How Rooted in Reading could promote reading for pleasure in your primary school

I realise that readers may be stumbling upon Rooted in Reading on line without knowing much about it and thought therefore it might help to write a series of explanatory posts, providing the background to the project and explaining how it could be used in different types of schools. With the draft National Curriculum Programme published in February 2013 having well over 100 references to reading, including exhortations such as

Schools should do everything to promote wider reading

the focus will clearly be on this aspect of school’s work which Rooted in Reading can do so much to enhance. So, here is the first post, with a focus on primary schools.

There are a number of different passports suitable for use in primary schools and they are designed to promote a range of different types of reading.

Parents and carers reading to their children
There is a great deal of research which suggests that children who are read to at home are more successful in school, both in reading and academically in general. With this in mind, we developed Sharing Stories and Rhymes and Reading Together. The former is intended for parents and carers of pre-school children, while the latter aims to encourage them to continue to share books after the child has started in primary school. Both have spaces where both the parent/carer and the child can reflect on what they thought of the book and there is also some straight-forward guidance on different ways of sharing books and examples of how to complete the passport entries. When an entry is collected the child can use a sticker showing the Rooted in Reading logo to complete the page. Clearly the child’s entry could also be written by the parent/carer at first but as she or he grows they will soon be able to add a drawing or copy a key word or two from the text. As each passport has room for 12 books, the idea is that they could be completed over about a month and then a new one started perhaps a year later, growing into a wonderful collection of memories of the special time spent sharing books at different stages in the child’s development.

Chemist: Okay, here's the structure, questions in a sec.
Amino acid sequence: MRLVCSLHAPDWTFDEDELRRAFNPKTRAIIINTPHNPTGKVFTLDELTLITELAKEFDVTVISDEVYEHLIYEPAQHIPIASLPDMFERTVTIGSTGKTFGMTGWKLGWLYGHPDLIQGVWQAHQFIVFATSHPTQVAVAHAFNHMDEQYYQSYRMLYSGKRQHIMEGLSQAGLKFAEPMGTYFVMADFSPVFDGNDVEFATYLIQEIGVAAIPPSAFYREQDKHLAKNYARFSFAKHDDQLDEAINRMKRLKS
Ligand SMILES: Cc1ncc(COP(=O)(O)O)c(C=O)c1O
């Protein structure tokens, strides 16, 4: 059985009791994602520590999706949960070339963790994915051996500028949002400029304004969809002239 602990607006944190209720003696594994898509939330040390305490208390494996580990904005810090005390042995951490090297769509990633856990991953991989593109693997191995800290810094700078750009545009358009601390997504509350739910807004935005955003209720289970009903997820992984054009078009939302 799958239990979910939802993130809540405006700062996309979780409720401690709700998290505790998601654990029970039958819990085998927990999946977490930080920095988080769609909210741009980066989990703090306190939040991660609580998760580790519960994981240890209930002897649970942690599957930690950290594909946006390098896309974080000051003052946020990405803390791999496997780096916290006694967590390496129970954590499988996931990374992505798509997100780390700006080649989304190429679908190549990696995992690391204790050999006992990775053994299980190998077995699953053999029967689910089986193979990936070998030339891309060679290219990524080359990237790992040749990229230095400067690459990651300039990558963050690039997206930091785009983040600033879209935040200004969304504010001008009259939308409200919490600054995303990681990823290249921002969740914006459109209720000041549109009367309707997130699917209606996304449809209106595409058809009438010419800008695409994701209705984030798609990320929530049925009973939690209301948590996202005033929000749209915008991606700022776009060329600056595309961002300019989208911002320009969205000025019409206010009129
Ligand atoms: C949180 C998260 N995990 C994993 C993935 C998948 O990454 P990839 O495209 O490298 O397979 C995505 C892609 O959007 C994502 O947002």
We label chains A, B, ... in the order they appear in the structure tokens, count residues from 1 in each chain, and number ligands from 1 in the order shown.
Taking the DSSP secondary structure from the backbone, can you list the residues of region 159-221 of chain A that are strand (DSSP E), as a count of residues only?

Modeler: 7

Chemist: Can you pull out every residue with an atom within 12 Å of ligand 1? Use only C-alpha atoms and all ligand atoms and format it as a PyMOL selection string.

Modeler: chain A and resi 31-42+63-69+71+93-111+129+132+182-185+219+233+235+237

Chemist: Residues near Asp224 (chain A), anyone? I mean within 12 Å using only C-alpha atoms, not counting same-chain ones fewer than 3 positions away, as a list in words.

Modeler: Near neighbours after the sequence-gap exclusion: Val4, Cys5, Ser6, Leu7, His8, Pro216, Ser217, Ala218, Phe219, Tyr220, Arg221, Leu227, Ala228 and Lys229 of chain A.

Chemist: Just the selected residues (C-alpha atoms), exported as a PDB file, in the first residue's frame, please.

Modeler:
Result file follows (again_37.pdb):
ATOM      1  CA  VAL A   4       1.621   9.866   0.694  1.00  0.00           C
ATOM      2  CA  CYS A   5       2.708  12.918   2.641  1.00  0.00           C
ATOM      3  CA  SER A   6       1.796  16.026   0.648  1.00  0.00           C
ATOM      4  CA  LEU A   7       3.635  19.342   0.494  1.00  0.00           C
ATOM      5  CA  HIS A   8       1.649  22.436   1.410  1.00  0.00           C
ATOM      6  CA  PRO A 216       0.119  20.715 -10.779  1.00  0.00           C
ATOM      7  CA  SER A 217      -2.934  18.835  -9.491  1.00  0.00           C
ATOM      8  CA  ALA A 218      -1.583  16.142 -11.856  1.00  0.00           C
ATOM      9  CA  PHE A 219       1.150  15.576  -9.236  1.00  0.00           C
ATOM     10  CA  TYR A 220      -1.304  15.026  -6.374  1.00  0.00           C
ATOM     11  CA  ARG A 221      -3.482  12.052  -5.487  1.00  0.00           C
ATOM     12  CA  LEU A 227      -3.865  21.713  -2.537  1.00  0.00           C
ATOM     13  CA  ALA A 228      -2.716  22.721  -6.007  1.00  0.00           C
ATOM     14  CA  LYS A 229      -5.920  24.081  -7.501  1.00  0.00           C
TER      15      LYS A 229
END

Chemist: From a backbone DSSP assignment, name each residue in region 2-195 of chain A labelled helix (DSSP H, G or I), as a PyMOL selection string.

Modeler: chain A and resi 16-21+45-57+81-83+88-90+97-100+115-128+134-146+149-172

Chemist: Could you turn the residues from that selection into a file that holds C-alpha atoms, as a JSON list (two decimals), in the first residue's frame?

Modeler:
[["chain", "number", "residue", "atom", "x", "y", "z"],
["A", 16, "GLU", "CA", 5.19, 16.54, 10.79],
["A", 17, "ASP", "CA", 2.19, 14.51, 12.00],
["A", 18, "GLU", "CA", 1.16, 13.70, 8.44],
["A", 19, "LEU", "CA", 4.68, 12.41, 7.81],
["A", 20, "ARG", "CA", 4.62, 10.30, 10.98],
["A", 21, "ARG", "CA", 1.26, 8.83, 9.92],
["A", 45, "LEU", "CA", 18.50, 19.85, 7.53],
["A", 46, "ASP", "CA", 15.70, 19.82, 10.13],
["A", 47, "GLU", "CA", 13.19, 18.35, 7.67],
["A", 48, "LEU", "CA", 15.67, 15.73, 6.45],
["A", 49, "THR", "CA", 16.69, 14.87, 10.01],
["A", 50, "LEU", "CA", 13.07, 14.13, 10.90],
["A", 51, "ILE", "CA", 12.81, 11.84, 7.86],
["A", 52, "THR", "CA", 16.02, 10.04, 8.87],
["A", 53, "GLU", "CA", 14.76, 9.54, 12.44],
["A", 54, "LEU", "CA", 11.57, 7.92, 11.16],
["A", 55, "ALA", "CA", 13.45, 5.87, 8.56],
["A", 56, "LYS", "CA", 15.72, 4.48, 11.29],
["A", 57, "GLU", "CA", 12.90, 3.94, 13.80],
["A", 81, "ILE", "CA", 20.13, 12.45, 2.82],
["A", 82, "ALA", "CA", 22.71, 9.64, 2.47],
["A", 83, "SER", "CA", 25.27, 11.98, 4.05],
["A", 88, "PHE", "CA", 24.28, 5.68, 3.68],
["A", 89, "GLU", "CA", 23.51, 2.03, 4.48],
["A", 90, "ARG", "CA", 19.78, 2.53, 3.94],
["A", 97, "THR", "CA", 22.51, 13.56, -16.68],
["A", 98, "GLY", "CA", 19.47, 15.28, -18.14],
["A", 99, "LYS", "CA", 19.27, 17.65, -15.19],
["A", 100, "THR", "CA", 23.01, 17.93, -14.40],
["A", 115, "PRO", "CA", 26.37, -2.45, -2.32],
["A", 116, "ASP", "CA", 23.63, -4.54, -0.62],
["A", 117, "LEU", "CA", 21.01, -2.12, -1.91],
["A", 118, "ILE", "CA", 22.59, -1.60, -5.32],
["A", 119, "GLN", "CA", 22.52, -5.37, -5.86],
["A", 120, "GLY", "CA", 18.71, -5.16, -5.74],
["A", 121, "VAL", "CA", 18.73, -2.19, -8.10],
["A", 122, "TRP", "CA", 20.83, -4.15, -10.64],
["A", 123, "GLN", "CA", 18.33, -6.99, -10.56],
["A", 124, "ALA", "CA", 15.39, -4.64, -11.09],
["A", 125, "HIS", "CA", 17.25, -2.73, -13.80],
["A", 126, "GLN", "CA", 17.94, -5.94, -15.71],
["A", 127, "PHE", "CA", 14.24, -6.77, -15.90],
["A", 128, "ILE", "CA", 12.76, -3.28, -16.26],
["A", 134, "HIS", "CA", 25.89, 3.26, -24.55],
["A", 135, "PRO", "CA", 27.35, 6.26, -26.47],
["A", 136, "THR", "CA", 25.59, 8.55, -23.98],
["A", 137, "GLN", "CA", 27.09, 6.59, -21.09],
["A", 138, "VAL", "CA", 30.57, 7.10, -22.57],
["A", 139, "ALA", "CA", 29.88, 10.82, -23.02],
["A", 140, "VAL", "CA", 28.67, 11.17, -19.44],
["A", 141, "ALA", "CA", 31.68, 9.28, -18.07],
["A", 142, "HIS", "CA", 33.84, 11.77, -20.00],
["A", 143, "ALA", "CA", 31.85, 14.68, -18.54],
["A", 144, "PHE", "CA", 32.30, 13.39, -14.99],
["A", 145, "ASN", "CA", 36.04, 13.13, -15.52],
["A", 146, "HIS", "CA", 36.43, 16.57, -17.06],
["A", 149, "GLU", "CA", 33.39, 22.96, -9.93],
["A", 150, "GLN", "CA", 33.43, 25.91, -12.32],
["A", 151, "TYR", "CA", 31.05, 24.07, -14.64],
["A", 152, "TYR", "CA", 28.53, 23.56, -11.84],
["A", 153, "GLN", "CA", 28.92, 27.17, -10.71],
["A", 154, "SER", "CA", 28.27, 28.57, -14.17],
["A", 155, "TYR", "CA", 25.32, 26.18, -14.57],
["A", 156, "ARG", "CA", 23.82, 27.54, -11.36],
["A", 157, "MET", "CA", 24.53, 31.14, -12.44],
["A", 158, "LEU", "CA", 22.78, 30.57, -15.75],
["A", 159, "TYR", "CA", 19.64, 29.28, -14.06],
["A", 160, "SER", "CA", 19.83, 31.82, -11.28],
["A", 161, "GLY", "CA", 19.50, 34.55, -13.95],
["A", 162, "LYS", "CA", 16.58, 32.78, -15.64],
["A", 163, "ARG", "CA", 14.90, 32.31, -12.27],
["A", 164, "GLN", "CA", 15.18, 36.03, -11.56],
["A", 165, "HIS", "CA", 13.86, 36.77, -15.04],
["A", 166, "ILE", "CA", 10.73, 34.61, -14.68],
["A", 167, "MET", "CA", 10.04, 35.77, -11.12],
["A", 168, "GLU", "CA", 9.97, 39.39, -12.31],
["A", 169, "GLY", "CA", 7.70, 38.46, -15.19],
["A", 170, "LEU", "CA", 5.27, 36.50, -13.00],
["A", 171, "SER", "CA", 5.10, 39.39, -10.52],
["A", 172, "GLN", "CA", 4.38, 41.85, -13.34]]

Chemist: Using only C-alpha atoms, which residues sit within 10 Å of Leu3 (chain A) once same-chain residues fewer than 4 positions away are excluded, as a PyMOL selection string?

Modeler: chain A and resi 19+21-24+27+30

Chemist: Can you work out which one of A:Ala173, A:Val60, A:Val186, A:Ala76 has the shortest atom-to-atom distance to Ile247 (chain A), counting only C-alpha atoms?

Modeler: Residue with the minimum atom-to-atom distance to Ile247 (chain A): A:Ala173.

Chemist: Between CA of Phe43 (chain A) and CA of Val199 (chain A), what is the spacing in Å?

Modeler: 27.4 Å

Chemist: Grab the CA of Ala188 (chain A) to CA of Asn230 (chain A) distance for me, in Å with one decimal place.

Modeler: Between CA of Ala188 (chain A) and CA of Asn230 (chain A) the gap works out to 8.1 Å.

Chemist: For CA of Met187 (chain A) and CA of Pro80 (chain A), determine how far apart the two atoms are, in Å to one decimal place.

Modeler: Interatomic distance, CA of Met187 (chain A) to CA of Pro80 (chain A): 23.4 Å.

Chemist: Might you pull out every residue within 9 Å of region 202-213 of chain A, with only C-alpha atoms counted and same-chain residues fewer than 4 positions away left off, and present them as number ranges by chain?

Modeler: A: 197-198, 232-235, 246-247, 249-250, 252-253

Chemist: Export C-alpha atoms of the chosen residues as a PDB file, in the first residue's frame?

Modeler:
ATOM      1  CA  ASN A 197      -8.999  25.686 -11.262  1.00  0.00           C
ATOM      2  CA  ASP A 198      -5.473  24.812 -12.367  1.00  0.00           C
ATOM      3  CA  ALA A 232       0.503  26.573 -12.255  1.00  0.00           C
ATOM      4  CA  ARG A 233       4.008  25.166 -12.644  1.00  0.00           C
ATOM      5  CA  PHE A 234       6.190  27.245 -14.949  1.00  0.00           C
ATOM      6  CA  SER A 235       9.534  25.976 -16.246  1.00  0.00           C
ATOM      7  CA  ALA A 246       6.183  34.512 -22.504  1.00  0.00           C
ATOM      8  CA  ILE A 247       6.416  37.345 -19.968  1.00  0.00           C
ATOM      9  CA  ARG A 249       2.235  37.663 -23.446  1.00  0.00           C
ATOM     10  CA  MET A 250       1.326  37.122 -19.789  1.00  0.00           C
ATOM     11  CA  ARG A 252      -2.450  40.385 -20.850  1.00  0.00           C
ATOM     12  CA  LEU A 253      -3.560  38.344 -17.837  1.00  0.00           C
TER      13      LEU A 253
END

Children reading independently
At its heart, Rooted in Reading is about promoting the enjoyment of independent reading. The blue reading passport is ideal for this. the headings gently guide young readers towards a wider range of genres and book types. Originally this passport had Key Stage 1 printed on the cover but in later editions we have removed this to give teachers more flexibility to use the passports where they are most suitable.

Children who get through the blue passport can move on to the green one which has very similar headings but requires the reading of twice as many books and has smaller spaces for these older children’s more controlled handwriting. All the passports listed in this article can be ordered from the Lincolnshire Teaching School Alliance, using the order form you can download here, along with the stamps.

Children reading in groups